The Student News Site of Central Oregon Community College

The Broadside

The Student News Site of Central Oregon Community College

The Broadside

The Student News Site of Central Oregon Community College

The Broadside

3 Tips and Tricks to Improve Photography


Photography seems like a daunting hobby to get into. Getting the right composition, editing the photo properly, even know what to take pictures of can be hard. However, The Broadside’s photographers have compiled a list of 3 simple tips and tricks to help beginners get into the art, and hone their skills.

  1. Photograph your passions

Sarah Lightley, the News/Opinion Editor for the Broadside yet also an avid photographer, said, “Start taking photos of things you really like or passionate about”.

Marvin Walder, the main photographer for the Broadside agreed by saying, “Above all, just go take tons of pictures of stuff you enjoy, you will improve and learn over time”. 

Do not be afraid to take pictures of anything you enjoy, whether that be action shots of athletes, landscape photos from your backyard, or even just a snapshot of your dog. Remember, beauty is in the eye of the beholder.

Photo by Roman Russell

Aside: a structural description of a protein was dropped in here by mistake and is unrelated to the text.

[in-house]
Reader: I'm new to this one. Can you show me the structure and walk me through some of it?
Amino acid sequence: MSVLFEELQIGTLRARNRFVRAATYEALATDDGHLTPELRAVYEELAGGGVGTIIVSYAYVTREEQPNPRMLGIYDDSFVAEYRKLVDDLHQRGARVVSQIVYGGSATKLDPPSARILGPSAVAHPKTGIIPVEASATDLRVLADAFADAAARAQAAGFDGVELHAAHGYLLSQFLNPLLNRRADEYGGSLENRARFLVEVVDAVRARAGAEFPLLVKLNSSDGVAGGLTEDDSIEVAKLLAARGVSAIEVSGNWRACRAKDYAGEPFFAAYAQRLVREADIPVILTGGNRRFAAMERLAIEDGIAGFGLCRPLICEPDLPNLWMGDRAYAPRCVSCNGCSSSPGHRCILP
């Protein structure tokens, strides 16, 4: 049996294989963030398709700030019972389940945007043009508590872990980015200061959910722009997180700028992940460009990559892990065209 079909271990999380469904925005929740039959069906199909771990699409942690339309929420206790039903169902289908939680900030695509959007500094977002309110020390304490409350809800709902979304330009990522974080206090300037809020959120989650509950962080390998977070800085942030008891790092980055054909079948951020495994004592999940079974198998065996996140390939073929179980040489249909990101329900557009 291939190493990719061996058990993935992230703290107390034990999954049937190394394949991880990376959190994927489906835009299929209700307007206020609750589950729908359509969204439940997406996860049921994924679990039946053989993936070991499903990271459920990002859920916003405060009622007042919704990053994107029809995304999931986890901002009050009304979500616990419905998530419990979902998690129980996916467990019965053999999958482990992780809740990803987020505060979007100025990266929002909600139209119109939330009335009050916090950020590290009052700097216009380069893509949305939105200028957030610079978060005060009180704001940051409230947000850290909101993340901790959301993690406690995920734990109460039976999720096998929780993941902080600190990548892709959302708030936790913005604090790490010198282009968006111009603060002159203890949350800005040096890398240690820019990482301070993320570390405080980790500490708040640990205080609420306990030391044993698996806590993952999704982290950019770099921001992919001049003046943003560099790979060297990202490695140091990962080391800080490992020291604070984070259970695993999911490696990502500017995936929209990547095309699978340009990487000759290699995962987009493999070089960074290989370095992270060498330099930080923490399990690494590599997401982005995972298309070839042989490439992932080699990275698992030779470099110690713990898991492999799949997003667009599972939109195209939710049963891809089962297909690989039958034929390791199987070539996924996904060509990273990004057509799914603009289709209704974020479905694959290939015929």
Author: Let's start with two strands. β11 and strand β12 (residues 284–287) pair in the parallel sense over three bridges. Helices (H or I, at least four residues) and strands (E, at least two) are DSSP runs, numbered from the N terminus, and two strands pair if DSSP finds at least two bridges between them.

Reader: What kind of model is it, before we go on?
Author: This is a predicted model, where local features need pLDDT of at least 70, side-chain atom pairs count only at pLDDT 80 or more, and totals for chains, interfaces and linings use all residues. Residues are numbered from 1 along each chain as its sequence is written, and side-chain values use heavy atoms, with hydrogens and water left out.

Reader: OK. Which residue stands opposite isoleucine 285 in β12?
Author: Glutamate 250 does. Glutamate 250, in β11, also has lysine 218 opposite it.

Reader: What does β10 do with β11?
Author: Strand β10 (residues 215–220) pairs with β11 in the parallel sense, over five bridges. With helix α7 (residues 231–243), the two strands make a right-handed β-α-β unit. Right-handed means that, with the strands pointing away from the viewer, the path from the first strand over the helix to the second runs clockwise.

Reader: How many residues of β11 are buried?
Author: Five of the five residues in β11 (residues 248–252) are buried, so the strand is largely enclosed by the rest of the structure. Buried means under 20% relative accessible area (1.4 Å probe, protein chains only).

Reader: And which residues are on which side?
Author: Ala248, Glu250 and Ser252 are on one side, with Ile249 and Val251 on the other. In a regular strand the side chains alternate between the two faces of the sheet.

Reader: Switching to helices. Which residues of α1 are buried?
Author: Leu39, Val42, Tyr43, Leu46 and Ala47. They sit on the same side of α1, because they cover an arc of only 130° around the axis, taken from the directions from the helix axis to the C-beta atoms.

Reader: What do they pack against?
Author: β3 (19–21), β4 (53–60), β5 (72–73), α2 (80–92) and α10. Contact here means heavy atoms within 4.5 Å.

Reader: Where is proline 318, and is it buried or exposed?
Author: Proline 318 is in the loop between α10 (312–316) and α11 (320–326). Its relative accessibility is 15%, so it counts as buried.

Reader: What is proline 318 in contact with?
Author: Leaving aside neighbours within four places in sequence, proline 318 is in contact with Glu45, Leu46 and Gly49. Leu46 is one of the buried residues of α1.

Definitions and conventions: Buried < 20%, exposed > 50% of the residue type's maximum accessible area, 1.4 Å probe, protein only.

This is my personal passion, taking pictures of plastic dinosaurs. Some say it is weird, I say it is art.

  1. Remember the rule of thirds

The rule of thirds is a basic form of composition in photography, in fact when cropping photos on a phone, the rule of thirds composition usually shows up.

When taking photos, imagine that your screen is split into thirds both horizontally and vertically like in the photo below. Ideally, the subjects of the photo will be placed where the lines intersect, as those points are where eyes tend to look at naturally on photos.

Taking photos with their composition in mind can drastically improve the quality of shots.

Photo by Roman Russell

A quick photo I shot at Hoodoo. If your composition does not look right at first, you can always edit the shot.

  1. Experiment while taking photos

Play around with angles, composition, lighting, editing. “The best way to learn is by doing…” said Lightley.

Experimenting helps to make photos stand out. Most people will take a shot head-on, so taking it at an angle will make the photo more interesting. The best thing to do is to figure out your own personal preferences in photography.

Photo by Roman Russell

I wanted to get a unique shot of the COCC Bookstore, so I crouched down low and got a shot from the ground up.

If there are further questions on photography, feel free to comment them below or email me at [email protected].

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